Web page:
have increased his control of his material environment. They have
improved his food, his clothing, his shelter; they have increased his
security and released him partly from the bondage of bare existence.
They have given him increased knowledge of his own biological
processes so that he has had a progressive freedom from disease and an
increased span of life. They are illuminating the interactions of his
physiological and psychological functions, giving the promise of an
improved mental health.
Science has provided the swiftest communication between individuals;
it has provided a record of ideas and has enabled man to manipulate
and to make extracts from that record so that knowledge evolves and
endures throughout the life of a race rather than that of an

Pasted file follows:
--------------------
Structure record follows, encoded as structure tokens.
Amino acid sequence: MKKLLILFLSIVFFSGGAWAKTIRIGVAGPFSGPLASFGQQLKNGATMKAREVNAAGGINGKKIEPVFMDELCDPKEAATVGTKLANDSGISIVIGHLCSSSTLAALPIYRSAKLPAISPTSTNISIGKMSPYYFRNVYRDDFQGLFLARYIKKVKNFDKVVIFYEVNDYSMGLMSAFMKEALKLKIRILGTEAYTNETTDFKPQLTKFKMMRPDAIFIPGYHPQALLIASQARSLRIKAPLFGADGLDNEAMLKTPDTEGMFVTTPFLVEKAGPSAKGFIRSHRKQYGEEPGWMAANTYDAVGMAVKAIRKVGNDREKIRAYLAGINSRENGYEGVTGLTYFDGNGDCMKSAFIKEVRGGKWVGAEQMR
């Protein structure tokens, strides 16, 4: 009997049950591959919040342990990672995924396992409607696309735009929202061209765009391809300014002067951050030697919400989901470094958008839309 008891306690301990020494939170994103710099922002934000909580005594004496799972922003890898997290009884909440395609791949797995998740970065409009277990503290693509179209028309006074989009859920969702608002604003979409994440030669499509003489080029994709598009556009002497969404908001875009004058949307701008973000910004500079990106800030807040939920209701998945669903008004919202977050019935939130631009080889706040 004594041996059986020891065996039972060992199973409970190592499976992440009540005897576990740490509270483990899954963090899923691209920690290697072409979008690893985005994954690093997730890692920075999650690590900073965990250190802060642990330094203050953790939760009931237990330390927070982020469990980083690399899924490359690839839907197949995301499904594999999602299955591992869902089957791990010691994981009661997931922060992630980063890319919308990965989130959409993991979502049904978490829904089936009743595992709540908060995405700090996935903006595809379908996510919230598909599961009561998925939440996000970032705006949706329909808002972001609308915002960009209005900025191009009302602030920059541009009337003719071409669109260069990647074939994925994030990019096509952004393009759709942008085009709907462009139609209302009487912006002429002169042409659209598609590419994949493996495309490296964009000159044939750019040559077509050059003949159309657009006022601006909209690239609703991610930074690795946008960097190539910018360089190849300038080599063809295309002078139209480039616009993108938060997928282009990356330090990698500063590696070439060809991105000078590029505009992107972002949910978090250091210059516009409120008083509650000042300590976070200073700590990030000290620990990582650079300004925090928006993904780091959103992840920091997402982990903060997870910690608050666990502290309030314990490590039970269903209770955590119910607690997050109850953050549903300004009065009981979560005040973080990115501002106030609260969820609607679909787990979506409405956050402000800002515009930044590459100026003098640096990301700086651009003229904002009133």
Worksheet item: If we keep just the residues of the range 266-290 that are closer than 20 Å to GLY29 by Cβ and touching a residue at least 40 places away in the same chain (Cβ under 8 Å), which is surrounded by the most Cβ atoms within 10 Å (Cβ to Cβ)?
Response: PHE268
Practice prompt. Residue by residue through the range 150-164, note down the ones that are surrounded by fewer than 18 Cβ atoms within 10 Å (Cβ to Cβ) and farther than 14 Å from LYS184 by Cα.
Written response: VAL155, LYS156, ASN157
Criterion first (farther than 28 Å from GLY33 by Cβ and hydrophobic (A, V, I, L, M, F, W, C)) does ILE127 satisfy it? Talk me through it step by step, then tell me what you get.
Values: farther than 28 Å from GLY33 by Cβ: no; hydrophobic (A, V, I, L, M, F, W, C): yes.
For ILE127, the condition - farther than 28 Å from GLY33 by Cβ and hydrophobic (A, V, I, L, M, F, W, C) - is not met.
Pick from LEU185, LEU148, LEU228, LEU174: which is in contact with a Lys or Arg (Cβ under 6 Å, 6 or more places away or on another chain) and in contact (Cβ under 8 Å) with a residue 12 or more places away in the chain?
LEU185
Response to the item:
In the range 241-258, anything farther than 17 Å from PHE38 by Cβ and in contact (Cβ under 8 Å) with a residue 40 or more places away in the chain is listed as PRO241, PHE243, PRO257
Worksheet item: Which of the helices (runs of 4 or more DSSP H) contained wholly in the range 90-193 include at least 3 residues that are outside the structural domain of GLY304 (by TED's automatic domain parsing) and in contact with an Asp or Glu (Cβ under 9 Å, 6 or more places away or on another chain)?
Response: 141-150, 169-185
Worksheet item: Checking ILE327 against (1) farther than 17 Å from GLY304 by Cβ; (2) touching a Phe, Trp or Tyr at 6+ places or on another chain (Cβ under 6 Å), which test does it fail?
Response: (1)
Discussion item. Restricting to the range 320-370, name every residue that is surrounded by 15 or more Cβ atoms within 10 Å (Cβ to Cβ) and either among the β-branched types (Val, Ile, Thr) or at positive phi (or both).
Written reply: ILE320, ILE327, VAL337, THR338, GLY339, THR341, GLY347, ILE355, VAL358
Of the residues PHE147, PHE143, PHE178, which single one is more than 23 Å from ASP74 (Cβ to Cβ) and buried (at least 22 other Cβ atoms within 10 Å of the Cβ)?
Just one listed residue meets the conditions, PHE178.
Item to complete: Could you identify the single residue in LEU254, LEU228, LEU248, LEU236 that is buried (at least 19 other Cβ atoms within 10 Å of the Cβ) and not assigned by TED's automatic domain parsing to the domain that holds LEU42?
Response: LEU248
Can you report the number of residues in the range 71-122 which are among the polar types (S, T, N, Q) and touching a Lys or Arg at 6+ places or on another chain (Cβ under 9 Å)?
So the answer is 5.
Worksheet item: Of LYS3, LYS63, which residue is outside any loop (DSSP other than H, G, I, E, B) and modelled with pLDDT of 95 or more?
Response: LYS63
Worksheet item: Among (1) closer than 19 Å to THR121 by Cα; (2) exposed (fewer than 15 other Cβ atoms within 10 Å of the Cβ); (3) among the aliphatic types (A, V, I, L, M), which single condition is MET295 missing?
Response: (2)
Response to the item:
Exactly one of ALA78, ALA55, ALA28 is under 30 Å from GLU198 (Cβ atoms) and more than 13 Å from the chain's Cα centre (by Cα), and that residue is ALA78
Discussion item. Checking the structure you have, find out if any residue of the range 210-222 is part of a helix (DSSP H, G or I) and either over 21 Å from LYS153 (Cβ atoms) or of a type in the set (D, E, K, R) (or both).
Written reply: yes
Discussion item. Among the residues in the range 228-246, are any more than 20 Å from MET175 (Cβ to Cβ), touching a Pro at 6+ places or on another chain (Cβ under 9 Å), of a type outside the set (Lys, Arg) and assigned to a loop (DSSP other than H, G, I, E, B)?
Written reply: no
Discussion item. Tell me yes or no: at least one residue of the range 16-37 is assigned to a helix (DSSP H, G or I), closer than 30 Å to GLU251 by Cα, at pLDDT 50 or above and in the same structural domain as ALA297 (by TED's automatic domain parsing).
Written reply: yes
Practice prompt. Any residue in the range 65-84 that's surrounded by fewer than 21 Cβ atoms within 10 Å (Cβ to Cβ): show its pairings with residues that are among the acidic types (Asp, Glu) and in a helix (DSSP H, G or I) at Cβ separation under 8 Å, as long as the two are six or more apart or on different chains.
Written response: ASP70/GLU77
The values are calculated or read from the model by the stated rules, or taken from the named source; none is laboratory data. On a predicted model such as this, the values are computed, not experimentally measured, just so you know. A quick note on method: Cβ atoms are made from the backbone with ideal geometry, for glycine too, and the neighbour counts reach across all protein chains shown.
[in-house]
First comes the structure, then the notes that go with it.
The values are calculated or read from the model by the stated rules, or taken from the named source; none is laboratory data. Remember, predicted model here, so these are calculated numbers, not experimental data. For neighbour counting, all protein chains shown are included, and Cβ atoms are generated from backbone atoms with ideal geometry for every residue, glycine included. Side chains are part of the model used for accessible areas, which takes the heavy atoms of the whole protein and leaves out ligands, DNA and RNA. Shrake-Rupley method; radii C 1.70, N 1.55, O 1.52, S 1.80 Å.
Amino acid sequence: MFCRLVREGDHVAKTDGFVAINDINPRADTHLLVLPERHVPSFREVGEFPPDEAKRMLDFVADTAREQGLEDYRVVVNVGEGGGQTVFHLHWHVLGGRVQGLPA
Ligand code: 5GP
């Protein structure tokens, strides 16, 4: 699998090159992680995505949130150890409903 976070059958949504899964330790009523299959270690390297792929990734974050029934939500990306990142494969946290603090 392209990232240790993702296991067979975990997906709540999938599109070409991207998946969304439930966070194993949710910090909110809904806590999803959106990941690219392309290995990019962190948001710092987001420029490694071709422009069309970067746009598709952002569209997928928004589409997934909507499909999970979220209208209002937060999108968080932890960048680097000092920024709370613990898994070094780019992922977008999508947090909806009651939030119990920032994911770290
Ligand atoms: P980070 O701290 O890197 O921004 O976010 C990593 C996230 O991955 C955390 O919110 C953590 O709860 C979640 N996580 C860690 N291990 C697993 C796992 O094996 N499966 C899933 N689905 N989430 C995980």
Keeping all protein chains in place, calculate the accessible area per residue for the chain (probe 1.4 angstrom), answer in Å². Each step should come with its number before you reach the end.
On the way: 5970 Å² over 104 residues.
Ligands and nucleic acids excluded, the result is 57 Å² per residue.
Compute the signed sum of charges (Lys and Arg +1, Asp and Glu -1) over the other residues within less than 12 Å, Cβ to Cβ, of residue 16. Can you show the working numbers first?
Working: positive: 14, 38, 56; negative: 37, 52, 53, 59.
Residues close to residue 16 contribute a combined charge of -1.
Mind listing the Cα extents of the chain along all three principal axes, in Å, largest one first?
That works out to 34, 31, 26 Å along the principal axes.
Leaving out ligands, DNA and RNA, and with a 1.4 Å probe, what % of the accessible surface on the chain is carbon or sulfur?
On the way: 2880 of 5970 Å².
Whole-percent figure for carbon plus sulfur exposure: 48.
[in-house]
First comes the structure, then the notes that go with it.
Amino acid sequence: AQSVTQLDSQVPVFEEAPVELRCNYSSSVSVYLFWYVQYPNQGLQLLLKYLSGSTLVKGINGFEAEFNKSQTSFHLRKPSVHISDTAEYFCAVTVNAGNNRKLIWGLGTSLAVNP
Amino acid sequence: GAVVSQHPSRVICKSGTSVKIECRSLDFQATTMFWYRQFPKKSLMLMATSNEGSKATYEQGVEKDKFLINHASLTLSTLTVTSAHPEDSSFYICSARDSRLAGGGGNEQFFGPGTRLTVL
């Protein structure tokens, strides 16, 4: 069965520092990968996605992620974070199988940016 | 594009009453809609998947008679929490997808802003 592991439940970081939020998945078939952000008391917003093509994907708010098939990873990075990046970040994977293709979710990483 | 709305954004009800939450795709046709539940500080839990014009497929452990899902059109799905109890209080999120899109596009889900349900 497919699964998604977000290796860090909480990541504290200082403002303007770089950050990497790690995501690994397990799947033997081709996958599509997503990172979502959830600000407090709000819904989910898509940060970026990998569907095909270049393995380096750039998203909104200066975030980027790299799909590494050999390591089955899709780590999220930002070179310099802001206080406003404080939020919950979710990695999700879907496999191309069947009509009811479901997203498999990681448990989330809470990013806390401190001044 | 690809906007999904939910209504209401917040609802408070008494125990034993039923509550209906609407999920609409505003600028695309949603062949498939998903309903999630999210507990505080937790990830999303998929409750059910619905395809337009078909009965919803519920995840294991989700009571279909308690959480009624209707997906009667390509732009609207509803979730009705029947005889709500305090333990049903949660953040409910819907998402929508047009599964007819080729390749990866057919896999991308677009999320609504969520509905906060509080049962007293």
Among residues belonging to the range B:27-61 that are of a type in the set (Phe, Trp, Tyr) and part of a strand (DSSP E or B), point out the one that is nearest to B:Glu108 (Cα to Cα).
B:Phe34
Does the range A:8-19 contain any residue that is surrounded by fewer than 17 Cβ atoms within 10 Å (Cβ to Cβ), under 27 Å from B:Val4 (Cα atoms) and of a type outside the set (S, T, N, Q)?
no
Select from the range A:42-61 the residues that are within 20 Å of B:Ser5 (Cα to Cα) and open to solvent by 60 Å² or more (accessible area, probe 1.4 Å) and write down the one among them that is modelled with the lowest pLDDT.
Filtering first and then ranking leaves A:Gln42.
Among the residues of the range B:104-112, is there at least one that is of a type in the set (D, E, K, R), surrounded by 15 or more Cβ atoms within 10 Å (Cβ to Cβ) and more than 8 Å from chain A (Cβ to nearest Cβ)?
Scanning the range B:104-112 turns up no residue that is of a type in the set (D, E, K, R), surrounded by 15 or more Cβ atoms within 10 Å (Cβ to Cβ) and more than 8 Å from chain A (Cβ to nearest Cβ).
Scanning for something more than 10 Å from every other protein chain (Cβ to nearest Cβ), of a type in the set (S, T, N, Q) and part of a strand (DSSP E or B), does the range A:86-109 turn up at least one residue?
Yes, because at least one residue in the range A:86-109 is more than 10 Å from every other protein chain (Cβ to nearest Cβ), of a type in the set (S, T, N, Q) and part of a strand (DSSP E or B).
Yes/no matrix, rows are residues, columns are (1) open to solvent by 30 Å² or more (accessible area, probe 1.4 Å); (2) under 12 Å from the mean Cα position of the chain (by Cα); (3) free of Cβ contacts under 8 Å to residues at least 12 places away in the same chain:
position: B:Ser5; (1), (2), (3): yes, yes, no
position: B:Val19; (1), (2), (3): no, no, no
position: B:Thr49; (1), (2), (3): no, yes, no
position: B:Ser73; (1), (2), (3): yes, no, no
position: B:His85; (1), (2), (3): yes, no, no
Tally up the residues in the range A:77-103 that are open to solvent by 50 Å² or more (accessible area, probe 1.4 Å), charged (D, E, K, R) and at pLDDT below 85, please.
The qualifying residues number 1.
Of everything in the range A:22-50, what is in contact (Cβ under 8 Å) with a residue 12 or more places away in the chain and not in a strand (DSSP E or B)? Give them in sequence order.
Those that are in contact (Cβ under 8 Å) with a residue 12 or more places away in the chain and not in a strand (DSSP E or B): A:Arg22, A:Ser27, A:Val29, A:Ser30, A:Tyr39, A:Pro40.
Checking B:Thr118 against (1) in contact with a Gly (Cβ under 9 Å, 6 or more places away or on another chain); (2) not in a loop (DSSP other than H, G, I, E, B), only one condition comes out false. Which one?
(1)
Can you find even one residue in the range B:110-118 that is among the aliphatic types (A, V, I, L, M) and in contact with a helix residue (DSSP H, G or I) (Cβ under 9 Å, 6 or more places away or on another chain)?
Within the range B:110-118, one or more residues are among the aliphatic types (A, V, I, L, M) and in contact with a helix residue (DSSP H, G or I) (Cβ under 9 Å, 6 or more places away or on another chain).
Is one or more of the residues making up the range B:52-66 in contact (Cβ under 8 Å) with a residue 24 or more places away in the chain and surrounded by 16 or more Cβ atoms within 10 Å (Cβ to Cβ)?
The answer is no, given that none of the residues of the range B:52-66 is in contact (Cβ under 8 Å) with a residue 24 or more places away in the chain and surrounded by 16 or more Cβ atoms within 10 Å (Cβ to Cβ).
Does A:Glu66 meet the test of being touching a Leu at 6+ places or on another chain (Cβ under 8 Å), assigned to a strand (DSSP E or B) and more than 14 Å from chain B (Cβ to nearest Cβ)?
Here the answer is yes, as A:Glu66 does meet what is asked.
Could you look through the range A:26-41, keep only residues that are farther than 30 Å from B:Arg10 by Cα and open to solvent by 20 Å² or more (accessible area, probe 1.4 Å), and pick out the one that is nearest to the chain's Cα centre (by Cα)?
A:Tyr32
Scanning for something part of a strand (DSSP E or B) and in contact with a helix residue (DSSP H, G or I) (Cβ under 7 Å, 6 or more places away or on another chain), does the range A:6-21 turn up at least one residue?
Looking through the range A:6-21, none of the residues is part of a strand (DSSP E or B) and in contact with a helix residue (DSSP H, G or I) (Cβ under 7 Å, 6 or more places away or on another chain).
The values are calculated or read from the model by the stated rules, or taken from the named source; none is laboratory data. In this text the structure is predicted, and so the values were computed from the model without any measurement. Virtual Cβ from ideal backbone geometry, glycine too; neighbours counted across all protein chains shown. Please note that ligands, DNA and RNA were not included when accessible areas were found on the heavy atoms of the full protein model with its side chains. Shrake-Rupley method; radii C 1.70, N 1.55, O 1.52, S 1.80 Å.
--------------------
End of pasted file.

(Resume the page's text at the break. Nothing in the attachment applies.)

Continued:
There is a growing mountain of research. But there is increased
evidence that we are being bogged down today as specialization
extends. The investigator is staggered by the findings and
conclusions of thousands of other workers – conclusions which he
cannot find time to grasp, much less to remember, as they appear. Yet
specialization becomes increasingly necessary for progress, and the
effort to bridge between disciplines is correspondingly superficial.
Professionally our methods of transmitting and reviewing the results
of research are generations old and by now are totally inadequate for
their purpose. If the aggregate time spent in writing scholarly works
and in reading them could be evaluated, the ratio between these
amounts of time might well be startling. Those who conscientiously
attempt to keep abreast of current thought, even in restricted fields,
by close and continuous reading might well shy away from an